Rebecca Skloot is a journalist with a picture on her wall. The picture is worn and tattered and its subject is an African-American woman during the 1940s. The woman in that picture has a tumor growing inside her, but she has no idea that it is there. The reason that she does not know that it is there will be made apparent soon and it will be a tragedy inspiring profound sadness and greater anger in the reader.
The woman’s name was Henrietta Lacks and she has appointment to meet with doctors at what is today one of the most prestigious and respected hospitals in the entire world: John’s Hopkins. Even back when Henrietta walked into Johns Hopkins, its reputation was well known. The doctors at this respected hospital inform Henrietta that she is fine and send her on her way.
Johns Hopkins got it wrong on that first consultation. Eventually, Henrietta Lacks will find doctors worth their reputation and they will use radiation to treat the cervical cancer with which she would be diagnosed. To more precise, Johns Hopkins didn’t even try to get it right. Despite their lofty reputation, Skloot finds, a systemic practice of racism prevented proper treatment of many African-American patients like Henrietta Lacks. That racially motivated in attention to Henrietta led to overlooking the presence of cancerous tumors in Henrietta’s cervix that would eventually go on to make history as the first immortal human cell line known as HeLa. HeLa would, in turn, make history as a vital component behind research that resulted in many groundbreaking medical discoveries throughout the 21st century.
After learning that Henrietta was born in 1920 under the name Loretta Pleasant, Skloot undertakes a mission to trace her family line of Henrietta and winds up in Clover, Virginia where we learn that she married her cousin, David Day Lacks and gave birth to a mentally impaired daughter named Elsie would tragically see her life come to an end within the walls of Crownsville, a typical asylum for such children during this period of American history.
Dr. George Gey , in charge of research into tissue culture at Johns Hopkins, was engaged in experiments that aimed to create human cells capable of regenerating over an infinite period of time, thus creating what would be known as an immortal cell line. Unfortunately, his experiments produced a constant line of dead ends. Then one day he was provided with a sample of Henrietta Lack’s cervical tissue without her knowledge or permission. Amazingly, her cancer cells started to regenerate at an explosive pace. At the same time, the host of those cells—Henrietta herself—was starting to face a deterioration of her condition of an equal rate.
Rebecca Skloot finally manages to contact members of Henrietta’s family line in 1999 with the aide of Morehouse College Professor Roland Pattillo. Through Patillo she makes contact with Henrietta’s surviving daughter Deborah and her two brothers, Lawrence and Sonny. When Skloot arrives in Baltimore to meet the Lacks family, she winds up instead meeting Courtney Speed. Where the Lacks family members express no interested in meeting with Skloot, Coutney expresses great enthusiasm about publicizing Henrietta’s history.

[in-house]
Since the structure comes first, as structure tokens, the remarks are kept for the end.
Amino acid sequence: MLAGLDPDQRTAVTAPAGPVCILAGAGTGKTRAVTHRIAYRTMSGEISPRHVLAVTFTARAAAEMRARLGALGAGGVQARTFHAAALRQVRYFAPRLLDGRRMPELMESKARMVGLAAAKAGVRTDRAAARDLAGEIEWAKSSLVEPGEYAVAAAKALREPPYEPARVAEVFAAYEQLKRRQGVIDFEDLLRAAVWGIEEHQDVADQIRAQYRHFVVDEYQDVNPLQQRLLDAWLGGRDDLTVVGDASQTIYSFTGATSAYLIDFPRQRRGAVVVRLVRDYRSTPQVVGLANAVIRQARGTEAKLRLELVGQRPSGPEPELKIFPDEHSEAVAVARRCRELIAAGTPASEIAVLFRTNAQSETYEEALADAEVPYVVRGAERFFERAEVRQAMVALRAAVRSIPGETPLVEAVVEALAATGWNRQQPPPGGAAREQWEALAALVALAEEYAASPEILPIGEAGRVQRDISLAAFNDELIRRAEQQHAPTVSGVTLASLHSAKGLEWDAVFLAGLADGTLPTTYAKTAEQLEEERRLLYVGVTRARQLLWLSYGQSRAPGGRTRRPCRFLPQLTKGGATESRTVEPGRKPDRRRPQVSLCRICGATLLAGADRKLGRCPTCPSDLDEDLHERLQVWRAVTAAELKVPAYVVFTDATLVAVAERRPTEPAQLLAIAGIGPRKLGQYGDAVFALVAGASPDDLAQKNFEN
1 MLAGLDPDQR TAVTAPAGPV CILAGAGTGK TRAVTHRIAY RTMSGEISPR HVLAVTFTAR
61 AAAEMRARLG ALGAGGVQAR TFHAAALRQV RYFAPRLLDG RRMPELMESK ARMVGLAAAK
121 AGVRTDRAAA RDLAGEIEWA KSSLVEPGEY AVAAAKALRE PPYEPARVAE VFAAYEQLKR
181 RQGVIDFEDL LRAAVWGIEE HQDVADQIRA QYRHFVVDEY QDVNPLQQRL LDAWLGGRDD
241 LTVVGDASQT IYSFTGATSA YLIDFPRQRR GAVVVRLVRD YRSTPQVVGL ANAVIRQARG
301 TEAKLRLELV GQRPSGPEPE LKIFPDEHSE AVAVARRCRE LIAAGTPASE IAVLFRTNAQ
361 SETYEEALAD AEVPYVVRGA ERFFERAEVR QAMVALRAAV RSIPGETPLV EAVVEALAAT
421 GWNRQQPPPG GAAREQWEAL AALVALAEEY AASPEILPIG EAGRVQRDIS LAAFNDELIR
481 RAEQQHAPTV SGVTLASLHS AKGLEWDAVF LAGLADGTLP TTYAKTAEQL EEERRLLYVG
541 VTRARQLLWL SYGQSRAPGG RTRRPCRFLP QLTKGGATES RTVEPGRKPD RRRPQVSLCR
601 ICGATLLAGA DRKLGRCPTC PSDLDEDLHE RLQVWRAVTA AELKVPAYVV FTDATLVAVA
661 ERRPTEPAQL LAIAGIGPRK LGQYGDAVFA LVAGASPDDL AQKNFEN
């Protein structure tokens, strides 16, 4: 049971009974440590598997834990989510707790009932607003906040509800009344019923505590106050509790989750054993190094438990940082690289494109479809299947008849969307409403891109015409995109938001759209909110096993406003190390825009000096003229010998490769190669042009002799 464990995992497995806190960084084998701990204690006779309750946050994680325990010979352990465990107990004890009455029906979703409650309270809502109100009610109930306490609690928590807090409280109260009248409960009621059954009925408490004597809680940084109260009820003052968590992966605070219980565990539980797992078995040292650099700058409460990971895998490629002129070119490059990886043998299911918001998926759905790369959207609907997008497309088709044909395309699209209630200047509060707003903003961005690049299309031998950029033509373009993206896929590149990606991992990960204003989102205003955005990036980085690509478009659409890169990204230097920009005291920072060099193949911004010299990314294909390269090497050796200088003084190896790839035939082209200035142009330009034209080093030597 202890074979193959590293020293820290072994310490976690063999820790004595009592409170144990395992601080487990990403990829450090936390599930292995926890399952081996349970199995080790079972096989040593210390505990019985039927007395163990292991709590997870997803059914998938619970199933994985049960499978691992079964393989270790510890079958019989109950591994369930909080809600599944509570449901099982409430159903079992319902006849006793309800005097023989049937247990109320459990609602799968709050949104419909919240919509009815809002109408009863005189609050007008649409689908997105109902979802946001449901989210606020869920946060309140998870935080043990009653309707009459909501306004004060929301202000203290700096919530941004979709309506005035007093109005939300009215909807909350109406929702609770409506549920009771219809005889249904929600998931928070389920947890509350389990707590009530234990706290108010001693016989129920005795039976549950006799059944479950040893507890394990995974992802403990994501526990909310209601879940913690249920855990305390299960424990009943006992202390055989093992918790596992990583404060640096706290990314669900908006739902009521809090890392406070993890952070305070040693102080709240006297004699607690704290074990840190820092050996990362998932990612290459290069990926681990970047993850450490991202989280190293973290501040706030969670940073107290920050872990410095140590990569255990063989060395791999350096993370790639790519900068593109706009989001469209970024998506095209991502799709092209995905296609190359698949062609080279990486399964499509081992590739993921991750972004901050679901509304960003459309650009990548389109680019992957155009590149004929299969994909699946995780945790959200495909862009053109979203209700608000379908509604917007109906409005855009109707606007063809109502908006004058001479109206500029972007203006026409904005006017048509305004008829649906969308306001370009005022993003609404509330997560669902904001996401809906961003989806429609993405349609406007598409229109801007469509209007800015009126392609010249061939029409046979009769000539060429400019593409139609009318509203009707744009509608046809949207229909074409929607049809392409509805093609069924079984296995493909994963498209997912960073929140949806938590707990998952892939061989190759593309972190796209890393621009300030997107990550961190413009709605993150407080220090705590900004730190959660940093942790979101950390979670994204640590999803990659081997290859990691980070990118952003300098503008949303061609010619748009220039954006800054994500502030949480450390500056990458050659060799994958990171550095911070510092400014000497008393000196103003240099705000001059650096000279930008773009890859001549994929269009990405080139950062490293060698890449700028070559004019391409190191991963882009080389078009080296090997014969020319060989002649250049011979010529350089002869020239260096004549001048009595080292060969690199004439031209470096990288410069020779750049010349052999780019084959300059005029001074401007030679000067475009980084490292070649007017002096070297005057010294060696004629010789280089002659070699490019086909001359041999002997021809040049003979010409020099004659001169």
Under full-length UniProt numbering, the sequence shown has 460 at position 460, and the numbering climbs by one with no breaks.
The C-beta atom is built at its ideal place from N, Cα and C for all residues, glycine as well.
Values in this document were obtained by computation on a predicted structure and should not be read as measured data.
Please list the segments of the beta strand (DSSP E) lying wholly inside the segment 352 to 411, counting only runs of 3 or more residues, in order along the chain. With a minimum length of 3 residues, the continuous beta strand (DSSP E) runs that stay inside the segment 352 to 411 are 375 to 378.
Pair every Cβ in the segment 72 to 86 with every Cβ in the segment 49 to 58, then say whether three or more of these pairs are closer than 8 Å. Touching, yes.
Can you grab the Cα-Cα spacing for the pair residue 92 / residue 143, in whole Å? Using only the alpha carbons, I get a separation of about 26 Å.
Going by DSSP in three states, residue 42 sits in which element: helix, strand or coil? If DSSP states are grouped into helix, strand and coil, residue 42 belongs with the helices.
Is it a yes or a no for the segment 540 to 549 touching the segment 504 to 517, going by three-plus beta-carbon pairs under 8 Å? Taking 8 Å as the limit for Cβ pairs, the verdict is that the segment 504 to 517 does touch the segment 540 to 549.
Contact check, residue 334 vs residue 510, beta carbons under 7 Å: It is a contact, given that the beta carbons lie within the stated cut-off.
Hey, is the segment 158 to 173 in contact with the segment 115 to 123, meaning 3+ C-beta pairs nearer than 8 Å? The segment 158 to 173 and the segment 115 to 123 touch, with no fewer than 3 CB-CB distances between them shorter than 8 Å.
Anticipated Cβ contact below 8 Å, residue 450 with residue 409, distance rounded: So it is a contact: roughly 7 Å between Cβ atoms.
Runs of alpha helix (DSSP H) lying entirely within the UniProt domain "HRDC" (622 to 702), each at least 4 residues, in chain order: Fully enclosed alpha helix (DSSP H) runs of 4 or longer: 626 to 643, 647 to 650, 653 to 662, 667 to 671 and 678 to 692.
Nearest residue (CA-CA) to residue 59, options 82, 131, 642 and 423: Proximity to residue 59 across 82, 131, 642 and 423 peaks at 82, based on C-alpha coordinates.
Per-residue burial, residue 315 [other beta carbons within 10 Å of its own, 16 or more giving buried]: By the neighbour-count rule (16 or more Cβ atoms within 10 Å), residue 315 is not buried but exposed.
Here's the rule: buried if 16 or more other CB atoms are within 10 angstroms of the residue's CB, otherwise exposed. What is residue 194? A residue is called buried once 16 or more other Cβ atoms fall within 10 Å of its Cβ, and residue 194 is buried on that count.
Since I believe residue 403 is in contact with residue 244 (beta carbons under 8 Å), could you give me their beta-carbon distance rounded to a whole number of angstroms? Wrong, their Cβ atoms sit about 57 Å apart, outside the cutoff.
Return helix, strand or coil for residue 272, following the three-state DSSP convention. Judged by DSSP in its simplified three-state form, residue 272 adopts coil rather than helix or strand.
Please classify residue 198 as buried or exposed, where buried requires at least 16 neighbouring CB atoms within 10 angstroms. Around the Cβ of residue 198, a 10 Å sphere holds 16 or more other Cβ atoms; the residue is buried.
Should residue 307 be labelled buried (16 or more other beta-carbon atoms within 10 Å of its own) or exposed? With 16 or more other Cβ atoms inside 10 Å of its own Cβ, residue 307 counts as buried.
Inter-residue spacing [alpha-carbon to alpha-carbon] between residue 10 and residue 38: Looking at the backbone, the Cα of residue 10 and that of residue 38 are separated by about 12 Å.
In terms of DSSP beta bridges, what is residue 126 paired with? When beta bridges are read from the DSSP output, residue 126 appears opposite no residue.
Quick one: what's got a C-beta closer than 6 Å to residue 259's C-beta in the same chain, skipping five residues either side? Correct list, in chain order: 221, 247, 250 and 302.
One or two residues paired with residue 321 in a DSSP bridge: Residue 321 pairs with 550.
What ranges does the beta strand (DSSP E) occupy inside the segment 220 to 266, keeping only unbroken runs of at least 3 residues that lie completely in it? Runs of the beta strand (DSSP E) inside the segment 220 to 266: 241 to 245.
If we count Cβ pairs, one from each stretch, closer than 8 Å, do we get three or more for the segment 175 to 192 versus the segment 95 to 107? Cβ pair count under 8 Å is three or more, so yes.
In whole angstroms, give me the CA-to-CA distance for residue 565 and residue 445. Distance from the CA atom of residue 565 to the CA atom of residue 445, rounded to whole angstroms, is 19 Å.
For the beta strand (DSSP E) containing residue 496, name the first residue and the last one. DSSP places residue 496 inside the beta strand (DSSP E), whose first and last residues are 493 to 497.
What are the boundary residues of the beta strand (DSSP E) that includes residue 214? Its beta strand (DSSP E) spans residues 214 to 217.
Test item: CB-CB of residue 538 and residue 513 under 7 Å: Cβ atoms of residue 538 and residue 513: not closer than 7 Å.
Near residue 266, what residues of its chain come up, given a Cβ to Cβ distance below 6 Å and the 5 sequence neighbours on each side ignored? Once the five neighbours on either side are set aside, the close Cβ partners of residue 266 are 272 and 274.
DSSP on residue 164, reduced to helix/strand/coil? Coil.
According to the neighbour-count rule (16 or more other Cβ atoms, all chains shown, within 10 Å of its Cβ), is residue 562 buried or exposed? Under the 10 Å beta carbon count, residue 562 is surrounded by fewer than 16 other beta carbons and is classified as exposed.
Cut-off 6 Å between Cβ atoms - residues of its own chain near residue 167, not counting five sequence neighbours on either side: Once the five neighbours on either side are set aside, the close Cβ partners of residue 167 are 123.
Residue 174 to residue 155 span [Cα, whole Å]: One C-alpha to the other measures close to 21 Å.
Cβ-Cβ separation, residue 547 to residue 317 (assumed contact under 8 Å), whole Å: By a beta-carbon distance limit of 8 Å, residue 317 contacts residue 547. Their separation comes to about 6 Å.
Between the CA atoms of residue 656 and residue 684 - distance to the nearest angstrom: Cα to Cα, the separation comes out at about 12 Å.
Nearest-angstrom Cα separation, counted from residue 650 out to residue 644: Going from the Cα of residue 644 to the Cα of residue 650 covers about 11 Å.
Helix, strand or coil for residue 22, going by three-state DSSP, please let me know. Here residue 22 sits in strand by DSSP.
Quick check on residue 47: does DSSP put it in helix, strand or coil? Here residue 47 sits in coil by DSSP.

In 1951, Dr. Gey announces his success with HeLa and starts providing it to research labs around the world. Around the same time another doctor informs Henrietta that her cancer has reached the stage where it is considered inoperable. In October 1951, Henrietta finally manages to find a way out of her intense, agonizing pain by dying. The Johns Hopkins doctors pressure her husband into allowing an autopsy so that they may study her cells and afterward Henrietta is buried in an unmarked grave. As time goes by, researchers use HeLa to help create the vaccine for polio, study viral infections and assist in the expanding knowledge of genetics.
As Skloot delves deeper in the background of Henrietta’s genetics, she discovers that she is the offspring of miscegenation during the era of slavery, but that all living descendants starkly segregate themselves into the white members of the Lack family and black members of the Lack family and never the twain shall meet. As Henrietta’s children group up without her, the suffer abuse while living with a cousin, spend time in prison for murder, convert to Islam and ultimately discover they are living in poverty while others are profiting from their mother’s cells.
Those cells are also abused as in the instance of Chester Southam injecting the cells into patients without their knowledge. A reprimand by the New York Medical Board of Regents opens up debate about the issue of medical consent and the contamination of entire cell lines through the use of HeLa. This debate ultimately becomes a case for litigation and the subject for a planned BBC documentary. A man named Cofield tricks the Lack family into an alleged plan to sue Johns Hopkins, but eventually files suit against them, which is fortunately dismissed, but the family touchy about the subject.
Finally, Skloot manages to meet with Deborah Lacks and comes to understand that she suffers from paranoia about the whole cell situation along with other medical conditions. She is also incredibly despairing about learning the real truth about her mother. A visit to lab with Henrietta’s other kids allows them to actually view their mother’s living cells. A trip to Crownsville gains them access to records and information that reveal the horrific fate that awaited Henrietta’s daughter Elsie because she died in an institution while still a teenager.
Some time later Deborah suffers a stroke and when Skloot visits a few months afterward to attend the baptism of one of Henrietta’s grandchildren, Deborah’s husband—the pastor—asks if she would be willing to share the story of Henrietta with the rest of the congregation. Skloot completes her book, but not before Deborah suffers a fatal heart attack.